SAN DIEGO (KGTV) — Several business sectors will be cleared to reopen indoor activities with modifications next week in San Diego County under the state's new guidance, according to local health officials.
Under California's new blueprint for reopening amid the coronavirus pandemic, starting Monday, Aug. 31, San Diego County can reopen indoor operations at the following businesses with modifications:
- Restaurants for dine-in, places of worship, museums, and movie theaters at a maximum of 25% capacity or 100 people, whichever is less;
- Gyms, yoga studios, and fitness centers at a maximum of 10% capacity;
- Hair salons, barbershops, nail salons, and body waxing studios;
- Libraries and bookstores at a maximum of 50% capacity;
- Shopping malls at a maximum of 50% capacity, with closed common areas, and reduced food court capacity;
- Aquariums and zoos at a maximum of 25% capacity
Businesses that have been reopened under their safe reopening plans may have to be modified to meet the state's new percentages on capacity, according to Gary Johnston, the county's Chief Resiliency Officer on Reopening.
"The safe reopening plans, you need to modify those and express on those plans how you're going to adhere to the requirements that came out with the state," Johnston said.
California's new rules for reopening are based on a four-tier, color-coded system that counties will move through based on their number of cases (case rate) and the percentage of positive tests. The system replaces the state's monitoring list.
Based on the state’s new tool, San Diego County is in the red "Substantial" tier. The red tier covers counties with a case rate of four to seven daily new cases per 100,000 people and 5% to 8% positive tests. The county's case rate was 5.8 and its positive rate was 3.8% as of Friday, according to county public health officer Dr. Wilma Wooten.
More detailed information by county and business type can be found at https://covid19.ca.gov/safer-economy.
The reopening of K-12 schools is not impacted by the new system, Wooten said.
Under the new guidance, some businesses may see more restrictive limits on indoor activities. California's guidance for grocery and retail stores requires indoor operations to be limited to 50% capacity with modifications.
"There are some outbreaks that we see in retail. So by decreasing the capacity this will help with increased risk and increased exposure," Wooten said. "We are following what's on the website ... as it relates to what's being recommended for tier two."
Bars, breweries, and distilleries that do not serve food are still not cleared to reopen for indoor operations, according to the state. Theme parks are also not permitted to reopen.
Wooten cautioned that the success of reopening any indoor operations this time around depends on compliance with the guidance and locals being safe.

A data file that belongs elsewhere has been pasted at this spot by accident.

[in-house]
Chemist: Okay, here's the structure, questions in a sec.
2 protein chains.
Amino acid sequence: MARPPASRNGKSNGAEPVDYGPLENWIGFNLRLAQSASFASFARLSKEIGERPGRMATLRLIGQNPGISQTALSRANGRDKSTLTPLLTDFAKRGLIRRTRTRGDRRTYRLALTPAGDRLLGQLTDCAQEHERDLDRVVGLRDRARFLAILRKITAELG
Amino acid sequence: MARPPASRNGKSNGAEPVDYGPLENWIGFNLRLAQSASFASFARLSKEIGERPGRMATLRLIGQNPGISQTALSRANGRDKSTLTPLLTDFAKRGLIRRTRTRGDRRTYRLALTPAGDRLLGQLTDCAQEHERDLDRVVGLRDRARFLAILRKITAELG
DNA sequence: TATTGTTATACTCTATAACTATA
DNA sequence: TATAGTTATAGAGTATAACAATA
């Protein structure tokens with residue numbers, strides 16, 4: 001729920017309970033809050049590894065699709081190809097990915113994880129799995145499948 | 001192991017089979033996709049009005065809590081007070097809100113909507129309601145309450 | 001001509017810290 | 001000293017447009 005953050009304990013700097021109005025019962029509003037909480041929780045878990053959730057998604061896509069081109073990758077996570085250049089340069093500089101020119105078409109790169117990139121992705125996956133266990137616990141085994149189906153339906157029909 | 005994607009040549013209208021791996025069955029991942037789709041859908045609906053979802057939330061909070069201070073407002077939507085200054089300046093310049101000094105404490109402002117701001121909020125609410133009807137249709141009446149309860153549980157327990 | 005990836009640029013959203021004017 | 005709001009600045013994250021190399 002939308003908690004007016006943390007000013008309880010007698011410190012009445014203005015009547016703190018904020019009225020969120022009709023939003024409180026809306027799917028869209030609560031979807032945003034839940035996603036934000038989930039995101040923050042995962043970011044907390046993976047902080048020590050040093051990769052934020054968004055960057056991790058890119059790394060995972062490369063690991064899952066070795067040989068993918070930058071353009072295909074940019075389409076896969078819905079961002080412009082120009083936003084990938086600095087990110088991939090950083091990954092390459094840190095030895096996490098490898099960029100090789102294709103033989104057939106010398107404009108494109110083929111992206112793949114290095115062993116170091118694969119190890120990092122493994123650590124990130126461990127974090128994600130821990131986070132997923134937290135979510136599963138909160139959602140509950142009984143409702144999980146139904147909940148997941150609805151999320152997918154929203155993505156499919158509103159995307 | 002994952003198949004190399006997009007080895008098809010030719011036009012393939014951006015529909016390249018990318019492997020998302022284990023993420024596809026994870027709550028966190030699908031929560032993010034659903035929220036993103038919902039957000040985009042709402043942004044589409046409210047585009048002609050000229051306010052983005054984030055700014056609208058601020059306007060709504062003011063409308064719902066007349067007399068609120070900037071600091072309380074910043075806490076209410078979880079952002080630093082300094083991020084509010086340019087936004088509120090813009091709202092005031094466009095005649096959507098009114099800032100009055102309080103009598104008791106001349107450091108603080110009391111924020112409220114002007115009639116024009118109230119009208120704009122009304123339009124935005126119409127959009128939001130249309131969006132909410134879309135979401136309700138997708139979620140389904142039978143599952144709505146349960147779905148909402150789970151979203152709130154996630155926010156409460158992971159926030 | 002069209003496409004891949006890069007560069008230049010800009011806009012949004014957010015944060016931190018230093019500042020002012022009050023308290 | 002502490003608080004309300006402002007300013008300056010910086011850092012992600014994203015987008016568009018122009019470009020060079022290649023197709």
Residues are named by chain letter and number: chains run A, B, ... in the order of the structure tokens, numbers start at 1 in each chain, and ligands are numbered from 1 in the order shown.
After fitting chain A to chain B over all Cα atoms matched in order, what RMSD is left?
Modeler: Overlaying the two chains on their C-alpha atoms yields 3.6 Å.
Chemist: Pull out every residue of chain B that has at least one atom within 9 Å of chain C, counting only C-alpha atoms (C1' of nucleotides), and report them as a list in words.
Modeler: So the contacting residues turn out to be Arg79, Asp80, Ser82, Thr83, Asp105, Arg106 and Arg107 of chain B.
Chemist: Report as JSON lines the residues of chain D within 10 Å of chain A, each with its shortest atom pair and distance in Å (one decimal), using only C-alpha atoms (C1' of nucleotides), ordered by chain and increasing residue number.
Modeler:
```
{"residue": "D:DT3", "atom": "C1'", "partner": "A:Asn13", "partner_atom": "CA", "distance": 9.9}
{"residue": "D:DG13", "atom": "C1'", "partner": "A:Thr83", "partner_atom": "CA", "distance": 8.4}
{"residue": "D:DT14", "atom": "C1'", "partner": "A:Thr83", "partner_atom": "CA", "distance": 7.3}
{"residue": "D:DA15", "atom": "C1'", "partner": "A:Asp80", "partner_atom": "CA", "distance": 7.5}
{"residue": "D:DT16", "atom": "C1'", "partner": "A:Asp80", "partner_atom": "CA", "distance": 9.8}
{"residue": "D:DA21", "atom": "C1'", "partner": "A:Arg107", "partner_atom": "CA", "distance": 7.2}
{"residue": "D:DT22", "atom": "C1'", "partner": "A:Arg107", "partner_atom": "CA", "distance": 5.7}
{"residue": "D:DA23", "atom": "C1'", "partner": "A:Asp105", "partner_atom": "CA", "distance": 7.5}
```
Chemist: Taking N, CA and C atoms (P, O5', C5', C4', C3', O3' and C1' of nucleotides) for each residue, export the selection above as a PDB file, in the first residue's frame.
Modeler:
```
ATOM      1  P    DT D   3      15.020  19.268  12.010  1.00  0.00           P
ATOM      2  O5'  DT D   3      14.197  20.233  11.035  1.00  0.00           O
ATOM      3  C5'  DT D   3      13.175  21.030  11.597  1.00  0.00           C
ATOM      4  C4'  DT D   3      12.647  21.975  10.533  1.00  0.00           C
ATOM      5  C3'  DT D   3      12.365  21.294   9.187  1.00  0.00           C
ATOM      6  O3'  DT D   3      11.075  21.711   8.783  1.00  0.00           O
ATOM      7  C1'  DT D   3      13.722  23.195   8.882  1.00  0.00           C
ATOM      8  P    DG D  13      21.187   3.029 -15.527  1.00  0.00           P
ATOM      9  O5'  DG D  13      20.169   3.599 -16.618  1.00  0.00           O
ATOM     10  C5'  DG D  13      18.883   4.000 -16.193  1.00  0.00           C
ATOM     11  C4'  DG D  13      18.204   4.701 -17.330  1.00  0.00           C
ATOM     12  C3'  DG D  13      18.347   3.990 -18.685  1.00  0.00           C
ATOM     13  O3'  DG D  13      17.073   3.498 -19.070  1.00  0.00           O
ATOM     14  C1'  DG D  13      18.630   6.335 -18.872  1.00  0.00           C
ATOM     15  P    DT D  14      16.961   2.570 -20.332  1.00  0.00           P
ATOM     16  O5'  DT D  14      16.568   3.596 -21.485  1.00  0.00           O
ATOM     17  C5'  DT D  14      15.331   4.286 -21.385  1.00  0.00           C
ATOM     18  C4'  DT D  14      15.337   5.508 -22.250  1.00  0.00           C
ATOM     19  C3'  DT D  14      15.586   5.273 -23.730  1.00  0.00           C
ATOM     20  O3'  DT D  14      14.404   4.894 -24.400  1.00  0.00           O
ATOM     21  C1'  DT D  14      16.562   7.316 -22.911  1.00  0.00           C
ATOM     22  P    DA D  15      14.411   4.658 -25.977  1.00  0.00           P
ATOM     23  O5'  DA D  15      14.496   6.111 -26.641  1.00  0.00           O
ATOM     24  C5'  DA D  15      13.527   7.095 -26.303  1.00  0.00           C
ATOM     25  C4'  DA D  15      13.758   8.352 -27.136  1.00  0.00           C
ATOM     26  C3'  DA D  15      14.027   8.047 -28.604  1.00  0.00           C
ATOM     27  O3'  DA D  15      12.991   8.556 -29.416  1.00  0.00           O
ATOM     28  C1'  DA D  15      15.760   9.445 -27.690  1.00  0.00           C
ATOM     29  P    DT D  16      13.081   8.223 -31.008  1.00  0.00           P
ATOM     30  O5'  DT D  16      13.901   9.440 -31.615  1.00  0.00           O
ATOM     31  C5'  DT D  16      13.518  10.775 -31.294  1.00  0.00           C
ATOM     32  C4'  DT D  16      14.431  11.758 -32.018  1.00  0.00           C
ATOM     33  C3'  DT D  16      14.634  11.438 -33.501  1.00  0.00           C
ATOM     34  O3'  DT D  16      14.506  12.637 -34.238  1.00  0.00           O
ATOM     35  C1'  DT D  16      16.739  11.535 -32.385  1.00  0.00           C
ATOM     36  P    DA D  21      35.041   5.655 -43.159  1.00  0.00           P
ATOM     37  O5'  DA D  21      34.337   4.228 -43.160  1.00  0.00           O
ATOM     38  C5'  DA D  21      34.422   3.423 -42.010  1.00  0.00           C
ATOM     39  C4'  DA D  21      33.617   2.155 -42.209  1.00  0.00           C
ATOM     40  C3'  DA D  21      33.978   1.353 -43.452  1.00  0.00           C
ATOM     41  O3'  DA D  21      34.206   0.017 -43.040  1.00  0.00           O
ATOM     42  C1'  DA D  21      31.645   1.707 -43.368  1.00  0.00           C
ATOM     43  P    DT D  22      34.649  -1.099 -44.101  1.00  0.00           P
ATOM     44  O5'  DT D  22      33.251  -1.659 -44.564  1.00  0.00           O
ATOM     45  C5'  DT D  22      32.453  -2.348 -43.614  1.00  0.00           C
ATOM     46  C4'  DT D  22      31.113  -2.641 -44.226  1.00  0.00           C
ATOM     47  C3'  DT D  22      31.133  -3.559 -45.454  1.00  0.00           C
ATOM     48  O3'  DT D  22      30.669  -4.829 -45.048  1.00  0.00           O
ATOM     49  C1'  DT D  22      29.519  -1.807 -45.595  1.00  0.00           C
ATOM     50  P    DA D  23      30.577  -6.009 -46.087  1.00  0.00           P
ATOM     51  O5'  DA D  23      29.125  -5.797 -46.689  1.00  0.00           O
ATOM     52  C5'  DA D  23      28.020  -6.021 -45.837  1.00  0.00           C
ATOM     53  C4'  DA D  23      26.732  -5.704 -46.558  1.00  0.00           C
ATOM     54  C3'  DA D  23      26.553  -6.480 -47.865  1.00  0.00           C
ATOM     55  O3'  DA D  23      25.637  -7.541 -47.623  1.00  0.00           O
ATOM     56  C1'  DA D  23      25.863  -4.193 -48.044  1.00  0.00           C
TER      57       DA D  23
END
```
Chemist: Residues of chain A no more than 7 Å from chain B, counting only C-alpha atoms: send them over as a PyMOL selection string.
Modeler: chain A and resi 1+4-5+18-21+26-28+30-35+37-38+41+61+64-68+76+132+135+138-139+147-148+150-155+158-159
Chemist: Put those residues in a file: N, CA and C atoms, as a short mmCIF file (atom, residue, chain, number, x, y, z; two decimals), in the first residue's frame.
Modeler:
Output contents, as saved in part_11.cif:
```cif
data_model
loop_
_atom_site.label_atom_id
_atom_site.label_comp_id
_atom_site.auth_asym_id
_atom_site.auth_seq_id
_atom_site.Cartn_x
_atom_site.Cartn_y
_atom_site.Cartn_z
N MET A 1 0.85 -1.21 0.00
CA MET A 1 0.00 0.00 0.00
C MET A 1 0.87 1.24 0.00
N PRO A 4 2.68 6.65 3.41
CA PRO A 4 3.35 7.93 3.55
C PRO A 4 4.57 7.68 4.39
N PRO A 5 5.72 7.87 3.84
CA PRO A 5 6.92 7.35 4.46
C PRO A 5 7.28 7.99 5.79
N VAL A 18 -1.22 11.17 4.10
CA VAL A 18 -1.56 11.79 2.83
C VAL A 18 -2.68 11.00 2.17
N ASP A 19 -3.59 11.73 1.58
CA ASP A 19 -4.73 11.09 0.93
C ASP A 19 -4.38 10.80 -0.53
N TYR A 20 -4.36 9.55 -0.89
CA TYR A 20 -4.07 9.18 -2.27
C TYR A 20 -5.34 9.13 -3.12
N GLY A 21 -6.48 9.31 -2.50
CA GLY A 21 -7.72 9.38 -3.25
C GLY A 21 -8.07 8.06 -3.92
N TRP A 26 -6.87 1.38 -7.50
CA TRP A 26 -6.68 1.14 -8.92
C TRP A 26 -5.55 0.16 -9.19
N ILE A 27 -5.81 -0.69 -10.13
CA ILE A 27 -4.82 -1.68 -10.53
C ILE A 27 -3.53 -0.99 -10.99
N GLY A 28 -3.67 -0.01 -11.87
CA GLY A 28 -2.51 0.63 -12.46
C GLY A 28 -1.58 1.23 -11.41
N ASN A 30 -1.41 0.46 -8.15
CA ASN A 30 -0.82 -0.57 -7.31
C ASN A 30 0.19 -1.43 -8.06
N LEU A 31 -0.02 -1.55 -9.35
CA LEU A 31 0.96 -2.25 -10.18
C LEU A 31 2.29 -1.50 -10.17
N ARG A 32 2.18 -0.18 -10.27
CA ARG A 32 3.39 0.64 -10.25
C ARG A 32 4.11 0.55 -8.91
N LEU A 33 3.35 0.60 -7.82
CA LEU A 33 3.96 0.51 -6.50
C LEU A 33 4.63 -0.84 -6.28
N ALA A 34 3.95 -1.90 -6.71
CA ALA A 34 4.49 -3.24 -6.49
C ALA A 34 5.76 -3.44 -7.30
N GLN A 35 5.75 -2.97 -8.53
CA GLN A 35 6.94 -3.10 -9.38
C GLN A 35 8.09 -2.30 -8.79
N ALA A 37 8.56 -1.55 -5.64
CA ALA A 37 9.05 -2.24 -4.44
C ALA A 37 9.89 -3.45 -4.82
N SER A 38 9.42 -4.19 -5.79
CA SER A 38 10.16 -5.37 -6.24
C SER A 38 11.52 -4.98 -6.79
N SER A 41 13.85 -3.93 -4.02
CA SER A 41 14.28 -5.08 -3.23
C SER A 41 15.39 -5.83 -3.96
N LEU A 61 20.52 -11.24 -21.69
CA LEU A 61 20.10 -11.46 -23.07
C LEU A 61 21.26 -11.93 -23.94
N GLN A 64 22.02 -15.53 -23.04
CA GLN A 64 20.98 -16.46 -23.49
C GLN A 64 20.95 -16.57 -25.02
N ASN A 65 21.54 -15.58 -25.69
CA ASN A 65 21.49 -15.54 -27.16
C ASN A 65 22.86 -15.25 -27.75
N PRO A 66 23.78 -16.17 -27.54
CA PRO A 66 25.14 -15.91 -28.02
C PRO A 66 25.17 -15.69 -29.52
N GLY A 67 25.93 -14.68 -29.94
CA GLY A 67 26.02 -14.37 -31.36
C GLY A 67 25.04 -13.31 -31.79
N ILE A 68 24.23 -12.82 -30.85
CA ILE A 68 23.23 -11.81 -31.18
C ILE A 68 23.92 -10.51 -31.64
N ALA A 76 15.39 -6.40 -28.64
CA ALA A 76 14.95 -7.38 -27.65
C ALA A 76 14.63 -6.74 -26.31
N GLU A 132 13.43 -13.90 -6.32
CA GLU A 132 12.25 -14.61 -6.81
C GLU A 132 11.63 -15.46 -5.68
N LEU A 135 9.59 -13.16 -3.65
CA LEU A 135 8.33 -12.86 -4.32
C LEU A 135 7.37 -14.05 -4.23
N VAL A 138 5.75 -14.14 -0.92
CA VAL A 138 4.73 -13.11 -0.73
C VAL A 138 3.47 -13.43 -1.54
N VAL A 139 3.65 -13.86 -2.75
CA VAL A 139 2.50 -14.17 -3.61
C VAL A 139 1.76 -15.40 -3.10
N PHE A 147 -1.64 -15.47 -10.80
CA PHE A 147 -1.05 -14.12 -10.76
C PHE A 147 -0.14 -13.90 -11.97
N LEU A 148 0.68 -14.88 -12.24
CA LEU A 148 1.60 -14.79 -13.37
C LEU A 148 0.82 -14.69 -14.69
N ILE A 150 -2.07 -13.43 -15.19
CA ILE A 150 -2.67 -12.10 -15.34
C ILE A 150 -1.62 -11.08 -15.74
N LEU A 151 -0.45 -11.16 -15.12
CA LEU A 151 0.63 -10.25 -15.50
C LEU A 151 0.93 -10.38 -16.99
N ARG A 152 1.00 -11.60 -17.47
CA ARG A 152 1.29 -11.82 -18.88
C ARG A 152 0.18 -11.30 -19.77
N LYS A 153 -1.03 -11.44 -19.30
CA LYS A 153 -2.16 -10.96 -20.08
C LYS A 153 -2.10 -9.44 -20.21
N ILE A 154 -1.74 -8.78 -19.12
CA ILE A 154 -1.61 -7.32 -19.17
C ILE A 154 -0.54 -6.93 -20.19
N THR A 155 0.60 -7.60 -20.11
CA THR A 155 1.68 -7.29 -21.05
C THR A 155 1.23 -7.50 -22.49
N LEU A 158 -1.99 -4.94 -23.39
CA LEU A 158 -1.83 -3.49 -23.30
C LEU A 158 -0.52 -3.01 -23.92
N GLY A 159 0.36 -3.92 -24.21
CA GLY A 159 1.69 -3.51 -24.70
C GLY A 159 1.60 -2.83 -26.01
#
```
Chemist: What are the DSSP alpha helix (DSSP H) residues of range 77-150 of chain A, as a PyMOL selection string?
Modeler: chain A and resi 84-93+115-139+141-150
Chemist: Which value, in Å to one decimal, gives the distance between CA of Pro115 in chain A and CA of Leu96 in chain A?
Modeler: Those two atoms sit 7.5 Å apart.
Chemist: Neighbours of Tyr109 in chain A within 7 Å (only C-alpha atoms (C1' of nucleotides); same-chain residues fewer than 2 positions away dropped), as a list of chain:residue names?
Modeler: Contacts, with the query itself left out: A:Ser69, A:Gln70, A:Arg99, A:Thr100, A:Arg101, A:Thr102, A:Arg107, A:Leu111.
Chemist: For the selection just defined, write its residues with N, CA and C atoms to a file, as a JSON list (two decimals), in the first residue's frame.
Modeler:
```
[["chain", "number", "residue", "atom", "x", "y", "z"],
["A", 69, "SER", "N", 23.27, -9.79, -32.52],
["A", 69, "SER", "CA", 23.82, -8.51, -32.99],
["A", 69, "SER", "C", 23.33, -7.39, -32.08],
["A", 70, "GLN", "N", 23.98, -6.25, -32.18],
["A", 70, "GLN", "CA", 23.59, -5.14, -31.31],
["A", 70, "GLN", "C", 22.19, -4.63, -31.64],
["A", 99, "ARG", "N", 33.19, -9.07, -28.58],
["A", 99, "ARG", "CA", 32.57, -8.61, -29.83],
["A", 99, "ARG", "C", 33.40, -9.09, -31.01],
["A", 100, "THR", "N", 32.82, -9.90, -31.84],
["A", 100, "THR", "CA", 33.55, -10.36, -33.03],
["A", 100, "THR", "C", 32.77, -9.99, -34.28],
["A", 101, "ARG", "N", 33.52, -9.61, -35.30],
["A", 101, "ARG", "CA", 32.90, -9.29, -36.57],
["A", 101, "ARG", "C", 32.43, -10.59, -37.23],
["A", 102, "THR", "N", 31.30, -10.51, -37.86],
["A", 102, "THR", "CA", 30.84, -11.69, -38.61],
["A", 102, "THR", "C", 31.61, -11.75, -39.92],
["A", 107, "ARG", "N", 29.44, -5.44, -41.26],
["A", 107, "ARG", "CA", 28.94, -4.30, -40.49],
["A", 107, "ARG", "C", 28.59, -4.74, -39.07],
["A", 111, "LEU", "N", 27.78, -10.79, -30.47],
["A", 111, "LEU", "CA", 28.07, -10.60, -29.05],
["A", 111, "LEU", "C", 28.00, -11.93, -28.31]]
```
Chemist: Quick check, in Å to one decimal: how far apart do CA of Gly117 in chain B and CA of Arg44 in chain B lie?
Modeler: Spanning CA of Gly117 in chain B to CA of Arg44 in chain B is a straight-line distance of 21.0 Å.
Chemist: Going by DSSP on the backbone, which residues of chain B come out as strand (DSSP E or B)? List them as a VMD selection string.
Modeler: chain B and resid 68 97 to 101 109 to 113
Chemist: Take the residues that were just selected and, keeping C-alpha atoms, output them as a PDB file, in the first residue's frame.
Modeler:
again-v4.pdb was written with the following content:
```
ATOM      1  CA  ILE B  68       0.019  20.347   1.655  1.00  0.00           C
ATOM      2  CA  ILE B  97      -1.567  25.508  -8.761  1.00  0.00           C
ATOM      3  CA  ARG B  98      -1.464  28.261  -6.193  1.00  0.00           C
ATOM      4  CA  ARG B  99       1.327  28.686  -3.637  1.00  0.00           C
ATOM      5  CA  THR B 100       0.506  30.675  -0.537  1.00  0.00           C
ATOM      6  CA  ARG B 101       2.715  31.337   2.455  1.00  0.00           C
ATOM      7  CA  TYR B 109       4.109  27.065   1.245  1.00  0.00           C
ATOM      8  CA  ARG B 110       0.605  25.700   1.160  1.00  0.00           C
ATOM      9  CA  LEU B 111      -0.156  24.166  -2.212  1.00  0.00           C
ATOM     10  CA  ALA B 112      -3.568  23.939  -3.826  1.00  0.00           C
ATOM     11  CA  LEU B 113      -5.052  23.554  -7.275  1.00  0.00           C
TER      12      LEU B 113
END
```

"This time what we hope will happen, but it relies on people's behavior, is that as we are opening up 25% or 50% of capacity, not full 100%," Wooten said. "As we see issues people should also be clear that we will shut down entities if they are not following the guidelines and if there are particularly outbreaks occurring as a result of not following those non-pharmaceutical strategies."
In order for San Diego County to move up a tier, it must stay in tier two for at least three weeks. Then to move up, it must meet the next tier's criteria for two consecutive weeks. If the county's metrics worsen for two consecutive weeks, it will be moved to a more restrictive tier.
In a statement, Supervisor Nathan Fletcher, who serves on the county's COVID-19 taskforce, said he fears the reopenings are too much at the same time:
"I believe we should take a more cautious and safe approach to re-opening than what was outlined today. My concerns are with the size, scope and speed of what is being reopened on Monday. While there are some lower risk entities that could safely reopen at this point, what we are doing is very similar to what we did in June with a large segment of indoor operations all opening at the same time. This led to a large increase in cases and required new restrictions.
At the same time we are moving forward on these reopenings we are trying to give schools a chance to start again and have college students returning to campus. I believe our focus now should be on a narrow section of low risk entities and doing everything we can to support our schools.
Additionally, we are struggling as a region in having successful enforcement and compliance and continue to see elected leaders, including the El Cajon Mayor, advocate against following public health orders. My fear is that the breadth and speed of what we are doing could cause a spike in cases that would trigger us moving back to a higher state tier and requiring additional closures. I would prefer a more cautious approach that gives us a higher probability of a smooth and steady recovery.
But even though I prefer a different path, the decision has been made and I will continue to work tirelessly to help us find a way to slow the spread, support our schools, and continue to help our community through this difficult time."